To be entitled to injunctive relief under § 17200, a plaintiff must show the defendant has engaged in an "unlawful, unfair, or fraudulent business act or practice," see Cal. Bus. & Prof. Code § 17200, and that the plaintiff "has suffered injury in fact and has lost money or property as a result of the unfair competition," see Cal. Bus. & Prof. Code § 17204.

         Here, assuming defendant has prepared substantive responses to office actions and further assuming said activity constitutes the unauthorized practice of law, plaintiff's claim nonetheless fails as plaintiff has offered no evidence to support a finding that any of defendant's officers or employees engaged in such activity in California, or that any of them prepared such responses for California residents. See Birbrower, Montalbano, Condon & Frank v. Superior Court, 17 Cal.4th 119, 128 (1998) (holding, for purposes of § 6126, "the practice of law 'in California' entails sufficient contact with [a] California client to render the nature of the legal service a clear legal representation"; noting "primary inquiry is whether the unlicensed lawyer engaged in sufficient activities in the state, or created a continuing relationship with the California client that included legal duties and obligations"); see also Norwest Mortgage, Inc. v. Superior Court, 72 Cal.App.4th 214, 222 (1999) (holding § 17200 "was not intended to regulate conduct unconnected to California").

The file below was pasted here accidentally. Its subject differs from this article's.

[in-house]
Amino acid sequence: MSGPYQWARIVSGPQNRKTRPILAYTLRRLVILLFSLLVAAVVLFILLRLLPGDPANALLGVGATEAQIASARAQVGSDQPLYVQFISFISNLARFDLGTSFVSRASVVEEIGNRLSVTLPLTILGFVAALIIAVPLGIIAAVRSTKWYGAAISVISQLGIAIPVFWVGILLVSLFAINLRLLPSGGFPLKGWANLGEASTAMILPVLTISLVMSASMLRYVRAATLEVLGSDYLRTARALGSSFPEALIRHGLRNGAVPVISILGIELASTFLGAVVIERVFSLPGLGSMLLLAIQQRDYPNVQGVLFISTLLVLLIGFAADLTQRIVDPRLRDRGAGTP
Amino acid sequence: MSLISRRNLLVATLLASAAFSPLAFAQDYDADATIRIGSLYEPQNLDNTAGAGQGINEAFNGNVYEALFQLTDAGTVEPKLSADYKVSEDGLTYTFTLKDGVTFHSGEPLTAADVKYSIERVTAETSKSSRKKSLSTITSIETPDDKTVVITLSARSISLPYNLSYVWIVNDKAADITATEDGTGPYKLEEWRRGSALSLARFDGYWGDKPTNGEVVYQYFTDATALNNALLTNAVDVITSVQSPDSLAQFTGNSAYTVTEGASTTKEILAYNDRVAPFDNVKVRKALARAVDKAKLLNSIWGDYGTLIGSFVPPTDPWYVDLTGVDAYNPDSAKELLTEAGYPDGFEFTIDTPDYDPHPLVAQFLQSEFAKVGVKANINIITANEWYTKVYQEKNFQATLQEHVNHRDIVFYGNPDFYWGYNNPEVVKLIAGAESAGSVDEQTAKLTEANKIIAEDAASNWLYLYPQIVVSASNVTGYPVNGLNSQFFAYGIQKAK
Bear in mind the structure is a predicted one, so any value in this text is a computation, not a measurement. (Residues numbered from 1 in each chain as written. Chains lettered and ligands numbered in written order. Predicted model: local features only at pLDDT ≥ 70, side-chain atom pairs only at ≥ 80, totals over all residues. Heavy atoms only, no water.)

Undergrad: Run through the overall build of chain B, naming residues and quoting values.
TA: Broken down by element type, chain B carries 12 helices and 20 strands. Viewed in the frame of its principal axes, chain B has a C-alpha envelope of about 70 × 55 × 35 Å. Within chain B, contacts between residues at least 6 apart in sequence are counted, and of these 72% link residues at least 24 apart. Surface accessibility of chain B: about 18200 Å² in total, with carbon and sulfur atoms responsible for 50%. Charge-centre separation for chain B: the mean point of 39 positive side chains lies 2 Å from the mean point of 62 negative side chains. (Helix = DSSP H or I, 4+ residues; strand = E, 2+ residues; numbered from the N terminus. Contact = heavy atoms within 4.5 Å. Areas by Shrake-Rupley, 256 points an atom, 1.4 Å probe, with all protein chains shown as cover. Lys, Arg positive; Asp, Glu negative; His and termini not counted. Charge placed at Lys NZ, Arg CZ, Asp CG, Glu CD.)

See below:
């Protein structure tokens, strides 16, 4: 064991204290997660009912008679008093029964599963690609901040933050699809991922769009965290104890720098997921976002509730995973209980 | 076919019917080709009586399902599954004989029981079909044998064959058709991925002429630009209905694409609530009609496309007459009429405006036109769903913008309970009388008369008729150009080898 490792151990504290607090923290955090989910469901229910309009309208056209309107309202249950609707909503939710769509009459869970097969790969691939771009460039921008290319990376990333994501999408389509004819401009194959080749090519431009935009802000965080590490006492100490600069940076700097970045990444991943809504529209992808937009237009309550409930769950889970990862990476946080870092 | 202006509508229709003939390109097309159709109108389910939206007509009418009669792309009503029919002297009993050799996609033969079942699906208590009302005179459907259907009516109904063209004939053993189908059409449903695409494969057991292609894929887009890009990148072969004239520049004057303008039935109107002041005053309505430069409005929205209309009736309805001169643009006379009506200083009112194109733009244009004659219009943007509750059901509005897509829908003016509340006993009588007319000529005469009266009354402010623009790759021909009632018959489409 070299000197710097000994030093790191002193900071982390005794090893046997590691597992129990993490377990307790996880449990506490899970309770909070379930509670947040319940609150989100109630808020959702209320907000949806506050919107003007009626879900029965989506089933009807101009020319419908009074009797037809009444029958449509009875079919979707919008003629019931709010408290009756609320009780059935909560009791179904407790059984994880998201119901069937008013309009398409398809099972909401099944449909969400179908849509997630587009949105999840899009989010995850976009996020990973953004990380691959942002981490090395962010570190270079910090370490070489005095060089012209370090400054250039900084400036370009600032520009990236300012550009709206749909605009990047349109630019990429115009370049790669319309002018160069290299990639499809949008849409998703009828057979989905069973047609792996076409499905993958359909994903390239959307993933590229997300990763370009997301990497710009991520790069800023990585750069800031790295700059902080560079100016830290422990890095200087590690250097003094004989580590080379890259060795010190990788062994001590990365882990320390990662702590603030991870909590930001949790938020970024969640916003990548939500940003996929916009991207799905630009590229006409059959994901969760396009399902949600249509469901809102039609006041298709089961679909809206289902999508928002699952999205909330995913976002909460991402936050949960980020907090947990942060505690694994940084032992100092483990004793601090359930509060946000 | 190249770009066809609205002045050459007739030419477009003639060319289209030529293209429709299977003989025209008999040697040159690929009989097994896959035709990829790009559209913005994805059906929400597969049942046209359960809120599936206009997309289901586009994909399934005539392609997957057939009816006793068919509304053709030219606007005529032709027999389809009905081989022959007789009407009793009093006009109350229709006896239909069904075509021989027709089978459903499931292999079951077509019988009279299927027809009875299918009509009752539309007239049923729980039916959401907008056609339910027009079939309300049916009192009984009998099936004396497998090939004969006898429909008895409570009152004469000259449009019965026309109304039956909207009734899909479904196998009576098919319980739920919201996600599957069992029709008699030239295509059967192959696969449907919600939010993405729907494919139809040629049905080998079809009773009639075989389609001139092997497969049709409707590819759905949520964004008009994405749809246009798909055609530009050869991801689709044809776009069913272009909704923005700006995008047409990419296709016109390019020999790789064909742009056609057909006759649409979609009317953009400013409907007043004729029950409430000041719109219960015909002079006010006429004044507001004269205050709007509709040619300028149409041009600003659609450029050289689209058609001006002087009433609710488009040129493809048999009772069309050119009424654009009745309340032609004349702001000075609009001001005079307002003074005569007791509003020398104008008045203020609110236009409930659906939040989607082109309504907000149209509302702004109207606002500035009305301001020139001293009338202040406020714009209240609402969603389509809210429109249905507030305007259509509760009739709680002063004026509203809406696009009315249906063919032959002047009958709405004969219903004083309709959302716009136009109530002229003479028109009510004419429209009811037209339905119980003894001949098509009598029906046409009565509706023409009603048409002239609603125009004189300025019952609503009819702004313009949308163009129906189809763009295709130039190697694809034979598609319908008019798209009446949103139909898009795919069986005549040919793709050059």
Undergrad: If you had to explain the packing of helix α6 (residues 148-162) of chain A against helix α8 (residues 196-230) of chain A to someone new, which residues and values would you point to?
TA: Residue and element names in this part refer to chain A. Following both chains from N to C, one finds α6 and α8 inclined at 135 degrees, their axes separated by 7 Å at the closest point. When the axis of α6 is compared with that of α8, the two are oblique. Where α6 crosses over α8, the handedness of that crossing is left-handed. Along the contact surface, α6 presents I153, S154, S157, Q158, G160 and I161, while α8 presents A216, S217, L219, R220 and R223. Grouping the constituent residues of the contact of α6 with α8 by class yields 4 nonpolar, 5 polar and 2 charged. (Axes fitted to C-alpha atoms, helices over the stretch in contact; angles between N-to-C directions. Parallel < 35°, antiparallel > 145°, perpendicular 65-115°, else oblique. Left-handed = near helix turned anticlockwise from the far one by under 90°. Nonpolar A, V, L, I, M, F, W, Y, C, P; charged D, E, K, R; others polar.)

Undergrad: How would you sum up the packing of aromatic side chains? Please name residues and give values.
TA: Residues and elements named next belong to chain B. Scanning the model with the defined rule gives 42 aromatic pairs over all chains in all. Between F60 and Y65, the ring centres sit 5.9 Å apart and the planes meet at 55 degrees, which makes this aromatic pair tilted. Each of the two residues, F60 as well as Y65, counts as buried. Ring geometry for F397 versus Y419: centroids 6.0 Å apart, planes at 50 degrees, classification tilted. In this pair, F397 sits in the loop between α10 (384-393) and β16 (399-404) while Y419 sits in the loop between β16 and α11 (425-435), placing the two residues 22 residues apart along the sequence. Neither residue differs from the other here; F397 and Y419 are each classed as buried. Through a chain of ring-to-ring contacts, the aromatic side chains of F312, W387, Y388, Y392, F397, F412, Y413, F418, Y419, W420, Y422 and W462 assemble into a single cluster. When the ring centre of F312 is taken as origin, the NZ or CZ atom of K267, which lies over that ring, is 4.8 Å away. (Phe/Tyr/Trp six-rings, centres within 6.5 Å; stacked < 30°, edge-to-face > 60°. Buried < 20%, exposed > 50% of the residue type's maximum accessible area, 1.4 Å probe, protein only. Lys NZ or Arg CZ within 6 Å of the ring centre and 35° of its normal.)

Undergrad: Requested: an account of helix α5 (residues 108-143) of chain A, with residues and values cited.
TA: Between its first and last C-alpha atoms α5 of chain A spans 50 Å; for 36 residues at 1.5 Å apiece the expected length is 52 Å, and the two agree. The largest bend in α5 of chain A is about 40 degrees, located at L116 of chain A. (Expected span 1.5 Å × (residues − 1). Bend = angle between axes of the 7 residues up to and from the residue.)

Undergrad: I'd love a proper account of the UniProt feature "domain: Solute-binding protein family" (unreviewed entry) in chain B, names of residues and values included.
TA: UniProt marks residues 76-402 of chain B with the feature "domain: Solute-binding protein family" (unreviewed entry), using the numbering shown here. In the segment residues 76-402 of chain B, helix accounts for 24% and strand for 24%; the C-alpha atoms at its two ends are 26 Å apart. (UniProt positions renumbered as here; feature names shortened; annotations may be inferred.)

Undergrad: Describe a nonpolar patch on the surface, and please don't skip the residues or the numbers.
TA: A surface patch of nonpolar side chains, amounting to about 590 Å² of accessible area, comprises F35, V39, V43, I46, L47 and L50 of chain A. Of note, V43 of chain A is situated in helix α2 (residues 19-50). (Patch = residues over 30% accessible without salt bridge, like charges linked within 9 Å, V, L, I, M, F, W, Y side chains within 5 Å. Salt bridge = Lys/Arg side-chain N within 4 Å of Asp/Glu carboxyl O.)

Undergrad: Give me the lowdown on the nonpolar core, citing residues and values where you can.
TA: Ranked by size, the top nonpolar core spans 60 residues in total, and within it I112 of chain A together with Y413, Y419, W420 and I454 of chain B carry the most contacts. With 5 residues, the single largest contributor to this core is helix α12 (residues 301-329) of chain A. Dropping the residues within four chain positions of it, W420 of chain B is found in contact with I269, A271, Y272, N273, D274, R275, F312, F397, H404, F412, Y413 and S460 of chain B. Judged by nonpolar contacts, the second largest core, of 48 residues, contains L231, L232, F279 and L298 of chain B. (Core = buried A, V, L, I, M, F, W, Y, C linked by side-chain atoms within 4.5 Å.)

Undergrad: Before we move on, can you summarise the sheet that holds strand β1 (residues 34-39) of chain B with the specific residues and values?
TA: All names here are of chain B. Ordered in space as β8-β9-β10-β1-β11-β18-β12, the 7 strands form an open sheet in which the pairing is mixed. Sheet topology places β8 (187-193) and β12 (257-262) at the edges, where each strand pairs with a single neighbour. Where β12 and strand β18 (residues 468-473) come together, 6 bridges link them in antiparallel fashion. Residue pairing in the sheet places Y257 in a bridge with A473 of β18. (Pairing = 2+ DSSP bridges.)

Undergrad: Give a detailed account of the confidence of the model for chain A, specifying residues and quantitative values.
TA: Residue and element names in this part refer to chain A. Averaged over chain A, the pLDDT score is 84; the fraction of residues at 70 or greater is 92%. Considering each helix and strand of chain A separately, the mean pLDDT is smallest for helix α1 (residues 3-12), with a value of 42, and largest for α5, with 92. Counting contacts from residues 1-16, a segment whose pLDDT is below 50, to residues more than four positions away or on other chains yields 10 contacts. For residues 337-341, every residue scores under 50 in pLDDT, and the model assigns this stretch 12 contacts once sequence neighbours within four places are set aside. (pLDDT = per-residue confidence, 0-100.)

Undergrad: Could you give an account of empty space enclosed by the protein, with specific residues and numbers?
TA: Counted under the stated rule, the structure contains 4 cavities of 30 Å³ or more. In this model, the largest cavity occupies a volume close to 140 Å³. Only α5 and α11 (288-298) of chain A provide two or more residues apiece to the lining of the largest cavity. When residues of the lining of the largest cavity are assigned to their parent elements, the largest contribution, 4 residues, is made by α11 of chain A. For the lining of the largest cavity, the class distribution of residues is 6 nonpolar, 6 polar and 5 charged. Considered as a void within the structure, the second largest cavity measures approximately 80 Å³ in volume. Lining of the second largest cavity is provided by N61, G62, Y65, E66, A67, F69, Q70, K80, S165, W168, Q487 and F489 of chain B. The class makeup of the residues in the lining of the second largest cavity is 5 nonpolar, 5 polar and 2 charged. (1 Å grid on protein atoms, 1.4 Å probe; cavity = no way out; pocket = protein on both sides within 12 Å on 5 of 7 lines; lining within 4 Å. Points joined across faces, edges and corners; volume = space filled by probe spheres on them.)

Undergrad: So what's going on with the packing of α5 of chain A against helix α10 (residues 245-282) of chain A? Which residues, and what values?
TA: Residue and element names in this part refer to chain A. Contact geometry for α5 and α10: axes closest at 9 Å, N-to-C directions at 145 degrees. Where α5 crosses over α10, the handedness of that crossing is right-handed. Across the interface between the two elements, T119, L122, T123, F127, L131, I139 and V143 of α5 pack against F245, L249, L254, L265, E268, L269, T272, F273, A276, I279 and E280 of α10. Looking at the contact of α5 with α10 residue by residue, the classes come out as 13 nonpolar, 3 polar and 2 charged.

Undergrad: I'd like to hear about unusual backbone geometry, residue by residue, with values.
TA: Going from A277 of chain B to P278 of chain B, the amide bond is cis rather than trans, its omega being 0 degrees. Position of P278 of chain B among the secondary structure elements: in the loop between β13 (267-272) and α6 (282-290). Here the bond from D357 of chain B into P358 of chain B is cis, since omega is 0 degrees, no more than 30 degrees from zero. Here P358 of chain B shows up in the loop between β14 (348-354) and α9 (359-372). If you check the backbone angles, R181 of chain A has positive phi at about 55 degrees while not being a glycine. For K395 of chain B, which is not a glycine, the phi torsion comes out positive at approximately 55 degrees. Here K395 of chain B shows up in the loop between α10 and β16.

In its motion, plaintiff asserts that, in addition to alleged violations of § 6125 and § 6126, its § 17200 claim is based on defendant's alleged violations of 37 C.F.R. § 11.14, which provides that "[i]ndividuals who are not attorneys are not recognized to practice before the [USPTO] in trademark and other non-patent matters." See 37 C.F.R. § 11.14(b). A claim based on § 11.14, however, is not pleaded in the SAC. Moreover, to the extent plaintiff may be arguing such claim is implicitly included therein, plaintiff offers no evidence to support a finding that defendant's preparation of substantive responses to office actions has any connection to California, and, as noted, § 17200 does not regulate conduct "unconnected to California." See Norwest, 72 Cal.App.4th at 222.

         In addition, even assuming defendant has engaged in conduct subject to regulation under California law, specifically, the unauthorized practice of law in a manner connected to California, plaintiff has failed to offer evidence to demonstrate it has lost money or property as a result thereof, and, consequently, has failed to show it is entitled to relief under § 17200.

         Lastly, even assuming defendant has engaged in an unlawful practice connected to California that has caused plaintiff to lose money or property, plaintiff has failed to explain why issuance of a permanent injunction is warranted, let alone offer evidence in support thereof. See eBay, Inc. v. MercExchange, L.L.C., 547 U.S. 388, 391 (2006) (holding plaintiff seeking permanent injunction must show, inter alia, that it "suffered an irreparable injury," that other remedies are "inadequate," and that, "considering the balance of hardships between the plaintiff and defendant, a remedy in equity is warranted").

         Accordingly, plaintiff's motion is hereby DENIED.

         IT IS SO ORDERED.